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How to ensure the security of a shopping cart application

In this expert response, Michael Cobb explains how threat modeling can help you secure your shopping cart application.

I am working on a testing team that does research and development on supply chain management software. We're working on an application that will be designed so admins will set up products and configuration flows, while users can customize the products and add them to their "cart." Can you suggest where we should be particularly mindful of security issues for such an application?
The best way for you to assess the security issues that your shopping cart application may face is to incorporate threat modeling into the design stages of the application. Threat modeling is the process of identifying and evaluating the risks to an application. The method calls for identifying potential threats to an application by categorizing which assets or sensitive information the application accesses. In the application you mention, the sensitive data will probably be customer details and payment data.

By having your security professionals and developers sit down together to analyze the shopping cart application from an attacker's point of view, you will gain a better understanding of how and why a malicious hacker may attack it, and how the vulnerabilities can be removed. If you use a data-flow approach, whereby the threat modeling team maps the point-to-point flow of sensitive information through the application, staff can identify the key processes and threats to those processes.

Countermeasures can then be implemented and tested to ensure the application doesn't leave sensitive or personal information vulnerable to potential attackers.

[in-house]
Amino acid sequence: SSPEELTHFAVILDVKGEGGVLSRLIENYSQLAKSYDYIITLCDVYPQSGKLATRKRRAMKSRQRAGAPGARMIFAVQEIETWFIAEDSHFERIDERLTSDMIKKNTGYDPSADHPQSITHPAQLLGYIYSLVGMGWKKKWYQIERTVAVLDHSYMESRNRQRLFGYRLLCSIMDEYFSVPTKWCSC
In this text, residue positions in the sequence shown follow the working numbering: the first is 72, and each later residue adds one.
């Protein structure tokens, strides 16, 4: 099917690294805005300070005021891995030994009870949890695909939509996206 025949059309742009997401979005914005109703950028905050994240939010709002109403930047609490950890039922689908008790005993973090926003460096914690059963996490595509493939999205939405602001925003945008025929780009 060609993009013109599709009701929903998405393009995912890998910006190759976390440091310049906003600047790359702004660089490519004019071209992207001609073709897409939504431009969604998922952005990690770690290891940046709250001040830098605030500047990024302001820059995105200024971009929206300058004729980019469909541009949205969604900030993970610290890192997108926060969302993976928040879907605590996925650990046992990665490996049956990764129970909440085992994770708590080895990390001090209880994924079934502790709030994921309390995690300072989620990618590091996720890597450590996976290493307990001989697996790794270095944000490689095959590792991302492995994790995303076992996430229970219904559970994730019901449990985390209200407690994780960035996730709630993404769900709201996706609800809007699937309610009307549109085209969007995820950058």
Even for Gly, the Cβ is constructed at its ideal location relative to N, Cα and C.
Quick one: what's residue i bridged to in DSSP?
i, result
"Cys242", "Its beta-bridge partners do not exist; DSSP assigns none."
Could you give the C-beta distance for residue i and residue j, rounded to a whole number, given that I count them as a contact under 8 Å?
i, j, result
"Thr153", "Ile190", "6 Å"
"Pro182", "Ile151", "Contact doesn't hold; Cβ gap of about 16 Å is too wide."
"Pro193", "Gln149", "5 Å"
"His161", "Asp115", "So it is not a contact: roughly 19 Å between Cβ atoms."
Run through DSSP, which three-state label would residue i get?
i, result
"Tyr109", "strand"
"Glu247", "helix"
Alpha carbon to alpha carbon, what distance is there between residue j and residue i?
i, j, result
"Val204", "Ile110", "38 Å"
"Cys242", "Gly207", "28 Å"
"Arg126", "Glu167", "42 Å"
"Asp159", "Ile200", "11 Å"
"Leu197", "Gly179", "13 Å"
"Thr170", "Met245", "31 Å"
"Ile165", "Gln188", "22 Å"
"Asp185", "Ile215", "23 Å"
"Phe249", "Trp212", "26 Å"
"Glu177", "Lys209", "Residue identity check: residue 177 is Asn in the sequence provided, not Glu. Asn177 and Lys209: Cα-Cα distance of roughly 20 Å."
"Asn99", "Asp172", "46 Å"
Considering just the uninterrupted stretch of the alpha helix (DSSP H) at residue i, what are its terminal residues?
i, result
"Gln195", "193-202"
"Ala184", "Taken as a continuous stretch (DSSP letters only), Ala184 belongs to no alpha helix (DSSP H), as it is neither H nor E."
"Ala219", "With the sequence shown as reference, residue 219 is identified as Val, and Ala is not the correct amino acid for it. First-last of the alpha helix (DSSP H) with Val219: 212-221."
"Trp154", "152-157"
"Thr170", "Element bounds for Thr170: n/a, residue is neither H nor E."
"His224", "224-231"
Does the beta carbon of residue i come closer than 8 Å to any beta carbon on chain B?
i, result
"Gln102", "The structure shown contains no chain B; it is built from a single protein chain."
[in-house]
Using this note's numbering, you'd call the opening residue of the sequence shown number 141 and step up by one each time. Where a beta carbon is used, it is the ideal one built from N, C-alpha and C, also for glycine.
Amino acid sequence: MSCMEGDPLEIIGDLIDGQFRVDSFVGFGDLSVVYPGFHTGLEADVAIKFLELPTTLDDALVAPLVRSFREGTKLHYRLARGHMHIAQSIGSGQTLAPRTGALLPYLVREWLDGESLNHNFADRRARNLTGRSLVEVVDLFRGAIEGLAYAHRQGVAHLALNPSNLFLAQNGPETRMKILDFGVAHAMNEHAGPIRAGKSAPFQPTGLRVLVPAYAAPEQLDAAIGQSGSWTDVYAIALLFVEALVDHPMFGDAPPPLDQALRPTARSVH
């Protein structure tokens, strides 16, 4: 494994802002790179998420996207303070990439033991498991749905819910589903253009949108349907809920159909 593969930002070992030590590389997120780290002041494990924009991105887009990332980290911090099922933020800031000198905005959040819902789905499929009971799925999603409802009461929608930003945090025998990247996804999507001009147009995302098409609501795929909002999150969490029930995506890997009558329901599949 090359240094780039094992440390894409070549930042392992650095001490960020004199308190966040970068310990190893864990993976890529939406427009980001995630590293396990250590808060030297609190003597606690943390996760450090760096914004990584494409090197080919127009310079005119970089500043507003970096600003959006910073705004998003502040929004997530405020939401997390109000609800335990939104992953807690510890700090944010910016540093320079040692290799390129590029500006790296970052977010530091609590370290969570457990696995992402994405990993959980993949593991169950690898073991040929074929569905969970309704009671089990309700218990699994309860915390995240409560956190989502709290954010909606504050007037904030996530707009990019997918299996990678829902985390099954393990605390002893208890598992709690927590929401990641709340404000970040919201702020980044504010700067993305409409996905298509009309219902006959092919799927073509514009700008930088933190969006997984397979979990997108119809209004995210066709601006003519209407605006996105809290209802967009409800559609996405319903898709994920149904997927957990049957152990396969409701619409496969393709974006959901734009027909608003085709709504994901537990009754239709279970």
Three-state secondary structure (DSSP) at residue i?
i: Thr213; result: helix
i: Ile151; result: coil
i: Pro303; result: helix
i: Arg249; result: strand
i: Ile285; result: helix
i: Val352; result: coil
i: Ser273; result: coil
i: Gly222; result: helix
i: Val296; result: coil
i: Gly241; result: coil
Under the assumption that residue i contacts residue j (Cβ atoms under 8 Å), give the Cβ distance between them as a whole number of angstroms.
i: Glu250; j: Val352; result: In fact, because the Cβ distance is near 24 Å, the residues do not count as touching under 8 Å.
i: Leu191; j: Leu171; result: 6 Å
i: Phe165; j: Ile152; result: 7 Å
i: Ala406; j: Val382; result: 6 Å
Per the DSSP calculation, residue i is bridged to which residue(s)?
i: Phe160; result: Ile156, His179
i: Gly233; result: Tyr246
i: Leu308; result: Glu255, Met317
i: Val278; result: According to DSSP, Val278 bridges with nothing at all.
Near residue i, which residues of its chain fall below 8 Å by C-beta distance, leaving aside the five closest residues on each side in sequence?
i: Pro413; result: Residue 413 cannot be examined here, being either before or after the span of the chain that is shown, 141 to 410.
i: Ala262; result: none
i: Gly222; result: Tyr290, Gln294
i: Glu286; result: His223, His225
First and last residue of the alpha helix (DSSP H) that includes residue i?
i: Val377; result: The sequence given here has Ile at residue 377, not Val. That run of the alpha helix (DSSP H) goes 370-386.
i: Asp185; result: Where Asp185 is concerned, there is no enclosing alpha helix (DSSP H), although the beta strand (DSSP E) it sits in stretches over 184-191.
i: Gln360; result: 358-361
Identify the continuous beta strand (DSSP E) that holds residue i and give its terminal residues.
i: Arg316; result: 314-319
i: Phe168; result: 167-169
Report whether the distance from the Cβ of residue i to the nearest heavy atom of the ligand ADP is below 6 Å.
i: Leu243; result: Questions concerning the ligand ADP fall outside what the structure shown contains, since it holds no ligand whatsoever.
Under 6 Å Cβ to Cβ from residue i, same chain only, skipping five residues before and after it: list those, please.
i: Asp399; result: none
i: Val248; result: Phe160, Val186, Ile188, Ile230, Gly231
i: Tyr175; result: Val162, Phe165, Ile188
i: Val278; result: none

The best time to perform threat modeling is once the user requirements for the application have been gathered and work has started on its architecture and design. This process not only ensures architecture design issues are resolved early on, but it also creates a set of documents that identify and justify the security requirements of the application. Since the cost of addressing security issues increases as the software design lifecycle proceeds, threat modeling not only helps create a better application, increasing customer confidence, but it also increases its resilience, thus reducing support costs and benefiting the bottom line.

An important rule to follow when developing any application that processes requests from users is to assume all data that the application receives is from an untrusted source. This applies even to users who have logged into their accounts and authenticated themselves. Not trusting user input means validating it for type, length, format and range whenever data passes through a trust boundary, say from a Web form to an application script. If the data isn't deemed valid, your application should reject it. Also, any validation has to be performed on a trusted server, not on the user's machine.

Obviously, you need to lock down the server running your application and ensure it can handle any errors without divulging system information -- users should only get a polite message apologizing that an error has occurred, not a detailed list of the internal workings of the application and the system it runs on. A great resource for improving the security of application software is the Open Web Application Security Project (OWASP), which has loads of examples of how to code securely.

This was last published in July 2009

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